Birth control pills under FDA review over risk of blood clot
Blood clots are a well-known risk of taking birth control pills. Now the FDA is investigating oral contraceptives that contain drospirenone, such as Yaz and Yasmin, after new research suggests that these pills increase the risk of blood clots above that of other oral contraceptives.
Most birth control pills combine estrogen with another female sex hormone, progestin. In two studies published in the British Medical Journal in April, pills containing drospirenone, a type of progestin, were found to carry a two- to three-fold higher risk of venous thromboembolism, or a blood clot in a deep vein, than pills containing a different progestin, levonorgestrel.
The agency said in a safety alert posted online Tuesday:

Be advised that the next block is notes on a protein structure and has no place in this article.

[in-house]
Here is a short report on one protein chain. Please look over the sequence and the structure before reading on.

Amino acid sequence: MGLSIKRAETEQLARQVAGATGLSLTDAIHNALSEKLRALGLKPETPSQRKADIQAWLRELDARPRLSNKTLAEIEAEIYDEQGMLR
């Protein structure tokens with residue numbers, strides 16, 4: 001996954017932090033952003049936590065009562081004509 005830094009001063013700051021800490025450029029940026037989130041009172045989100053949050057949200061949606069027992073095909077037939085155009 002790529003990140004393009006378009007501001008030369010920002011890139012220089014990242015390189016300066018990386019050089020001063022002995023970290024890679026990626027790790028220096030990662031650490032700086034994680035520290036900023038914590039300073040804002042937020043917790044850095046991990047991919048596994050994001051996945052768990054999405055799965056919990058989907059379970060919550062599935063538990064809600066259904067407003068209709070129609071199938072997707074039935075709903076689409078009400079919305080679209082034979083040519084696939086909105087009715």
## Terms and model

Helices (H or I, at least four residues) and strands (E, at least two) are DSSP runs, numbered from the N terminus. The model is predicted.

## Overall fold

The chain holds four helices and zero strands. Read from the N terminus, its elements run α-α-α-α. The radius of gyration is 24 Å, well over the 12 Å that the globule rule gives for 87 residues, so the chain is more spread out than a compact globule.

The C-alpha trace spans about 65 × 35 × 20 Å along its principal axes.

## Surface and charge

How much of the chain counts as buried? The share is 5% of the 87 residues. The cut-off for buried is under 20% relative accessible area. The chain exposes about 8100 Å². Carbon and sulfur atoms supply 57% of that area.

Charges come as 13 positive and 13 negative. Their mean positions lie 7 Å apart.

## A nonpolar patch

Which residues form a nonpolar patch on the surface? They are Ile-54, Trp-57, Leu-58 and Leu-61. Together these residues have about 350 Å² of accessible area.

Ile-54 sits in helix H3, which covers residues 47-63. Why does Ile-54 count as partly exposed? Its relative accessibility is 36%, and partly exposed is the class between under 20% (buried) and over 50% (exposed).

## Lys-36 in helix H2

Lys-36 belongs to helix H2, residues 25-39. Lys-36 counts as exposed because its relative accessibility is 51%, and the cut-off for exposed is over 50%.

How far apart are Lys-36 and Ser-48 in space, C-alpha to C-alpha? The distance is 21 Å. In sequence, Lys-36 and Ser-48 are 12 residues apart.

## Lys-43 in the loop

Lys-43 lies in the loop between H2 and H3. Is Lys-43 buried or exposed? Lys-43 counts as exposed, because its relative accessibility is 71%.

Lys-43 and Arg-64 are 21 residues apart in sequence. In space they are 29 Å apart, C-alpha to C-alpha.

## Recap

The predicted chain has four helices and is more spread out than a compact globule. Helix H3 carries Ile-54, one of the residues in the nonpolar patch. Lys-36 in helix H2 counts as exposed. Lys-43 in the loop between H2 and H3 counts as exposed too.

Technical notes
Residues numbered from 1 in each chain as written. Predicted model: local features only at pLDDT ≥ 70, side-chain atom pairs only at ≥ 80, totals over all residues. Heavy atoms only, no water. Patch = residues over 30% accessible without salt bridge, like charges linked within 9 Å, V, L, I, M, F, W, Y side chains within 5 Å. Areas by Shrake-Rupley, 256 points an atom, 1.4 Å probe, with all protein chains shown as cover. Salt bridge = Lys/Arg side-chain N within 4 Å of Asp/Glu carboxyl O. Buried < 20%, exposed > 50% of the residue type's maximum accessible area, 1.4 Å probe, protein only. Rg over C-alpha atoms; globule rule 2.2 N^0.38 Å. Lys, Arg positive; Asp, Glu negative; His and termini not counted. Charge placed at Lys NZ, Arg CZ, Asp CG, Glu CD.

“Other studies have not reported an increase in risk. The FDA is currently evaluating the conflicting results from these studies and will look at all currently available information to fully assess the risks and benefits of drospirenone-containing birth control pills.”
Such pills include Yaz (generics Gianvi and Loryna), Yasmin (generics Ocella, Syeda, and Zarah), Beyaz, and Safyral, according to the FDA.
The absolute risk of a blood clot, no matter which pill, is still low, according to the British Medical Journal research. So women shouldn’t stop taking the pills, advises the FDA, unless they’ve checked with a healthcare professional or start having leg or chest pain or shortness of breath, symptoms of a blood clot.
But the new studies—and now the FDA’s scrutiny—are likely to fan the controversy over the safety of Yaz, one of the most popular birth control pills.
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